Linda Oeffling: stained glass snowflakeSo every dimensional stained glass piece I create has copper wire painstakingly soldered around each outside edge. This can add up to an hour or more of work for a small piece, not to mention copious amounts of solder, which keeps increasing in price. The copper wire reinforces the piece, holding it together as gravity tries year after year to make it sag apart.

So “ha” to my lovely co-creators in glass!  Learn the lesson from Damien and wire that baby!

Walking is the way

Catherine WillisCatherine Willis
the perfume rings: exhibition curated by Diana Esnault-Pelterie

“I consider my work as an exploration and a celebration of nature. To pay attention to smell is my way to observe quietly what I encounter on my path, a form of meditation, “Caminando se hace el camino.” (translated, “walking is the way”). My blog is called Chemin Faisant. If you are really quiet, everything has a scent, even the pebbles, even the meteorites.

It is my way to acknowledge the mystery of being alive on this planet.” – Catherine Willis

Catherine WillisCatherine Willis
ROOTS. a Perfume Ring.
July 2013 figtree branch, cinnamon bark, root from a planetree, textiles, metal, rubber.

Willis is always looking for interesting papers on which to create pieces.  She has used essential oils as pigments, but also has utilized beeswax based pastels or watercolor.

Catherine WillisCatherine Willis
FULL FATHOM FIVE
graphite and ink on filipino paper. 2010

Willis has also participated in olfactory performances, burning perfumes while accompanied by musicians playing instruments.

Her blog is a delight:  http://catherinewillis.tumblr.com/

Layers of Light

I am enjoying the artwork of Jun Kaneko (thanks to Brandie for the link to this artist!). He is an incredibly prolific artist, producing work in Ceramics, Bronze, Glass, Textile, Drawing, and Painting.  Whoa.

Jun Kaneko

Jun Kaneko, Installation View, Bullseye Glass

The beauty of glass is in its capture of light, and Kaneko’s installations wow the eye with color and reflection.

Jun Kaneko

Hump, Glass, 2001Kiln-formed glass| 6h x 18w x 10.5d in. | Photo credit Dirk Bakker

Kaneko was born in Japan, and began his studies in painting.  After coming to the U.S., he was drawn into sculptural ceramics.  He has taught at some of the nations leading art schools, and holds honorary doctorates from several notable Universities.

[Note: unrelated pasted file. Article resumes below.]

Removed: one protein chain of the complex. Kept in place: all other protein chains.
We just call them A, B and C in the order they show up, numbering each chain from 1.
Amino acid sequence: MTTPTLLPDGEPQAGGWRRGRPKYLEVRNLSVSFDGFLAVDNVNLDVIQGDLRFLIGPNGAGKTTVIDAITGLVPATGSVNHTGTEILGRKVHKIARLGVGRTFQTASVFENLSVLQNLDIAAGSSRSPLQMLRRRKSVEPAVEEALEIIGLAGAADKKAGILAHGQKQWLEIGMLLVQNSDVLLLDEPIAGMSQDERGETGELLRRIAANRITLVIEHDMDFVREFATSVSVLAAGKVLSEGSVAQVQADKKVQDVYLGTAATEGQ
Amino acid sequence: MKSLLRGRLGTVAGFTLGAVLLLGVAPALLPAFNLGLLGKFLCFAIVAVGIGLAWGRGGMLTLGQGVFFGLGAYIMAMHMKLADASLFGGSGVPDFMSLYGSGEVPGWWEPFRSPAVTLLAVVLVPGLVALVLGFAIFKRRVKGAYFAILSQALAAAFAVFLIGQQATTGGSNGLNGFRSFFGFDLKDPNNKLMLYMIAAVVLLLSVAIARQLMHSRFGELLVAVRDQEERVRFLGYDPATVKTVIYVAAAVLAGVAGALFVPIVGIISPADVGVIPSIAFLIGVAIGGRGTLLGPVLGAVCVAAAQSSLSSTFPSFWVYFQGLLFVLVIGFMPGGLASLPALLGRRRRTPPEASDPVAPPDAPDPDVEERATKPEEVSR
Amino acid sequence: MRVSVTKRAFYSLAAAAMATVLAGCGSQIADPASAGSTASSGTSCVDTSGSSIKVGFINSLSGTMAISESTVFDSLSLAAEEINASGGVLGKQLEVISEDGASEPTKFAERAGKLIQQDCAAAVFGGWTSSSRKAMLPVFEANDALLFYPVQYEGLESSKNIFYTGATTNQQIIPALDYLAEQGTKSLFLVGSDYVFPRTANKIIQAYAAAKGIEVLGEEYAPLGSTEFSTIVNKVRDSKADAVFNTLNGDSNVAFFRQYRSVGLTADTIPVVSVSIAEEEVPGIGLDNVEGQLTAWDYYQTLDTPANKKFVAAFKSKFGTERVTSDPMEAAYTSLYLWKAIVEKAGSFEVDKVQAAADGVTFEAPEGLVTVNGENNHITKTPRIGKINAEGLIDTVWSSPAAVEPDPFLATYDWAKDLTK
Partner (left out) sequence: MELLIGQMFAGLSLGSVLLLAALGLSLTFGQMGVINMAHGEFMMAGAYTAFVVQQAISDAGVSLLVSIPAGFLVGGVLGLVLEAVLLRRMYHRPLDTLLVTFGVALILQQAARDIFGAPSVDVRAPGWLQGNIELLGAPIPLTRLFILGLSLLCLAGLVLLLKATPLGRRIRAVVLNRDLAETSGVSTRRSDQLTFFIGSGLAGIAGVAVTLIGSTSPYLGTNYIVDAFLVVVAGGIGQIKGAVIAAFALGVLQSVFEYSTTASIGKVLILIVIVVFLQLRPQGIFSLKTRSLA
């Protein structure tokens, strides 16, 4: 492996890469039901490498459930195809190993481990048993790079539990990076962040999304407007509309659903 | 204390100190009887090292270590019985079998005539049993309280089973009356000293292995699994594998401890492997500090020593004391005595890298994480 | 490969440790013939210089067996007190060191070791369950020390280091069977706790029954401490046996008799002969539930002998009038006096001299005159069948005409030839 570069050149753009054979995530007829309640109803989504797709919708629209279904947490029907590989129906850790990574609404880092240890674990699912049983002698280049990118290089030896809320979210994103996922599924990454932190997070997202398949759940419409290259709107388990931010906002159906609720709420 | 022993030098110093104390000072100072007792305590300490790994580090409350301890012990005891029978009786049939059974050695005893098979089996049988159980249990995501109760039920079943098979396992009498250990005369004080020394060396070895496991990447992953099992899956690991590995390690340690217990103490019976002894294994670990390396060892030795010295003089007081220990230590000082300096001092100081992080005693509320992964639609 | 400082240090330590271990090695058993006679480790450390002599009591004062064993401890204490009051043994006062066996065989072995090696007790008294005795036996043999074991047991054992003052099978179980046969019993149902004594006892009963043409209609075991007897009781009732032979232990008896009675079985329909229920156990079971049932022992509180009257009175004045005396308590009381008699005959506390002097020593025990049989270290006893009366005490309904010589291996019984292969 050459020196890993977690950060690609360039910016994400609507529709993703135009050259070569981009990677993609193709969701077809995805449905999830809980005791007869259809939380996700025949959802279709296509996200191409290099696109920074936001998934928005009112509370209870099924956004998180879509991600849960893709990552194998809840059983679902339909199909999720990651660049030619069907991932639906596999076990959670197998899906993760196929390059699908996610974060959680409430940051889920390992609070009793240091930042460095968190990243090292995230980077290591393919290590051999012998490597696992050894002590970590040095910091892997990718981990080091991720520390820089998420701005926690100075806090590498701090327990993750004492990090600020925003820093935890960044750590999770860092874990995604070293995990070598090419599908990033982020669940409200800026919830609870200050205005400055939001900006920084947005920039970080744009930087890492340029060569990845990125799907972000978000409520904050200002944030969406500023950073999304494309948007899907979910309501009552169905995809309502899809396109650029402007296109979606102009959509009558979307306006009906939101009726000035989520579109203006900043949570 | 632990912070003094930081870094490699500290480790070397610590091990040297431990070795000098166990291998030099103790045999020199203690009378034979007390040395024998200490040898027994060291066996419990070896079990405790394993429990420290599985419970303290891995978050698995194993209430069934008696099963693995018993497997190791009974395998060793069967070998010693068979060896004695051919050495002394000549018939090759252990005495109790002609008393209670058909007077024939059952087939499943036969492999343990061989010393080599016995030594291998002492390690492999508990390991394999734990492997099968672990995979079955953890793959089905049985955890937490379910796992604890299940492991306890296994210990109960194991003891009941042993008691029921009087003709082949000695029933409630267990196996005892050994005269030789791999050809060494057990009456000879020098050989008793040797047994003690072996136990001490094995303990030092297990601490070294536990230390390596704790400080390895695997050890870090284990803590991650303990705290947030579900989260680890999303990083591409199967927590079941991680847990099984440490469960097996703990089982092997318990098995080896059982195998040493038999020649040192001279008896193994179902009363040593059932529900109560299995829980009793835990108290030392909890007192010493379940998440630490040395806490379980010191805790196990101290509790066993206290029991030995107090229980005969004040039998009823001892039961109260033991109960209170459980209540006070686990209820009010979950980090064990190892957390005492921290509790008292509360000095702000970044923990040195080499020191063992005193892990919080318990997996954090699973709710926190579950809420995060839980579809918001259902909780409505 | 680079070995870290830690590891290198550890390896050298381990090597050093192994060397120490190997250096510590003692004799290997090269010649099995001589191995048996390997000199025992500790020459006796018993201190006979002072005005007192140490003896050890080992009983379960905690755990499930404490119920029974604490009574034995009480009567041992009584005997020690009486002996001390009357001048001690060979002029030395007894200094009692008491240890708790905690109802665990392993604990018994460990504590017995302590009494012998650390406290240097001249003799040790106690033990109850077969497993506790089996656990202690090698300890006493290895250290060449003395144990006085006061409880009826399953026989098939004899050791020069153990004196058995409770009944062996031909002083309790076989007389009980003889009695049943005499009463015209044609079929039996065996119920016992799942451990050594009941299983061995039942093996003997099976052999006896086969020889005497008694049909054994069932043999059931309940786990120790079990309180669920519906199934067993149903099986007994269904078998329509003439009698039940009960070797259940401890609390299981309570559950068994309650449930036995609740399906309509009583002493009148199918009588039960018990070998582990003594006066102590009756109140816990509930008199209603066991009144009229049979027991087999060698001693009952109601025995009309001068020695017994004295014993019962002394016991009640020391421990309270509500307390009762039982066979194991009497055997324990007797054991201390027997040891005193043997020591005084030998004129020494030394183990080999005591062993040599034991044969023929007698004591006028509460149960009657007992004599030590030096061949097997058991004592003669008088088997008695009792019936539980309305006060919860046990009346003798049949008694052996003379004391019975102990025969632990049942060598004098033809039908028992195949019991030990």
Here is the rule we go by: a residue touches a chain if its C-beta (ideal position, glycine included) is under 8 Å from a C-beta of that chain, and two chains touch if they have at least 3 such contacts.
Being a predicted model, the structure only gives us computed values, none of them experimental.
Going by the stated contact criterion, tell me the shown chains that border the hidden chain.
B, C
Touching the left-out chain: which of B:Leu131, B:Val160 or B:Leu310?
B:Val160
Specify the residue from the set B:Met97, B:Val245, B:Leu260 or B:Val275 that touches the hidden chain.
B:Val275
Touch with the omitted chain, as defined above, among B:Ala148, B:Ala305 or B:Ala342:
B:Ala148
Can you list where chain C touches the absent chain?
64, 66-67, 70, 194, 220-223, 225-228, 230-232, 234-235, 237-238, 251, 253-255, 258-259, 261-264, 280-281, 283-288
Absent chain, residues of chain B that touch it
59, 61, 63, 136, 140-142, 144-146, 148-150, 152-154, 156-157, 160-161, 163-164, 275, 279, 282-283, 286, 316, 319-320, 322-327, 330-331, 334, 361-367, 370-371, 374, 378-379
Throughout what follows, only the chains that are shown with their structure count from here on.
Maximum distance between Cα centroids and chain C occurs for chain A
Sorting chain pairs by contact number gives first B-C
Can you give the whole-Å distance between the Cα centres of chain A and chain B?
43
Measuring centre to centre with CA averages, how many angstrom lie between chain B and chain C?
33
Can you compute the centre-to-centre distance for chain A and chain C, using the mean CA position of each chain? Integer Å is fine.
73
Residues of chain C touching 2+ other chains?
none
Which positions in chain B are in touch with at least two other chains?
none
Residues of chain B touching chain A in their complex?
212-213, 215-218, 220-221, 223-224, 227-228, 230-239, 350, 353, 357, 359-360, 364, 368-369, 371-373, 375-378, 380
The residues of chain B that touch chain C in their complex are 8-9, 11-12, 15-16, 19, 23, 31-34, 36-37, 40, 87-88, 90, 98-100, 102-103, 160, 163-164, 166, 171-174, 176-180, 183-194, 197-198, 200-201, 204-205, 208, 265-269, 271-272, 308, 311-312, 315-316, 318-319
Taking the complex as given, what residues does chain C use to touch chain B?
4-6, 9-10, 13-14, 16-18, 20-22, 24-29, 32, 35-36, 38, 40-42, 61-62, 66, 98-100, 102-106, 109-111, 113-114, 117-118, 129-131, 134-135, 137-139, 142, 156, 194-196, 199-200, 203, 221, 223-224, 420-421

Jun Kaneko

Jun Kaneko, Mission Clay, Fremont Project,1993-1995

He has fantastic pictures on his website.  I love to see the scale of the work as shown by the photo above.  See the finished pieces below.

Jun Kaneko

Jun Kaneko, Mission Clay, Fremont Project,1993-1995

Kaneko plays with scale and proportion, and is a pioneer in the field of monumental ceramic sculpture.  His latest exhibition can be seen in Millennium Park in Chicago, IL, in the  Boeing Galleries, from April through November of 2013.

Jun Kaneko, Legends, Myths and Truths,  Temporary Exhibition: April 12 – November 3, 2013.

Jun Kaneko, Legends, Myths and Truths,
Temporary Exhibition: April 12 – November 3, 2013.

See more on his website:  http://www.junkaneko.com/

Birds like you have never seen them

I came across some unique and beautiful photography today, from the lens of Bob Croslin.

Bob CroslinBob Croslin, “Cedar Waxwing”

Croslin starting taking portraits of injured birds at a local bird sanctuary in Florida.

Bob CroslinBob Croslin, “White Pelican”

Every Wednesday I would show up and photograph a bird or two never knowing what kind of bird and if I’d even come away with an image. I’d set up lights and a back drop and cross my fingers. Birds, like humans, don’t like to be in a new environment and would immediately run for the exit. Add a camera and several lights and inevitably we were corralling birds – no easy feat because several of the birds were still flighted. I can’t count how many times I was told by a sanctuary volunteer that there was no way I’d be able to photograph a particular bird – especially the shore birds. Every time I’d make an image that would blow them away. Nothing like a challenge to bring out the best in me. – Photographer Bob Croslin

Bob CroslinBob Croslin, “Yellow Crowned Night Heron”

Croslin was, in his own words, a “punk rock kid” who discovered a love for photography.  Floating around without a definite goal, he ended up at the University of Florida, majoring in Journalism.  This is where he really fell in love with telling stories with a camera.

His photos have a surreal quality, making you want to study them closer.  They do draw you in to the tale.  See more of his work on his website: http://www.bobcroslin.com/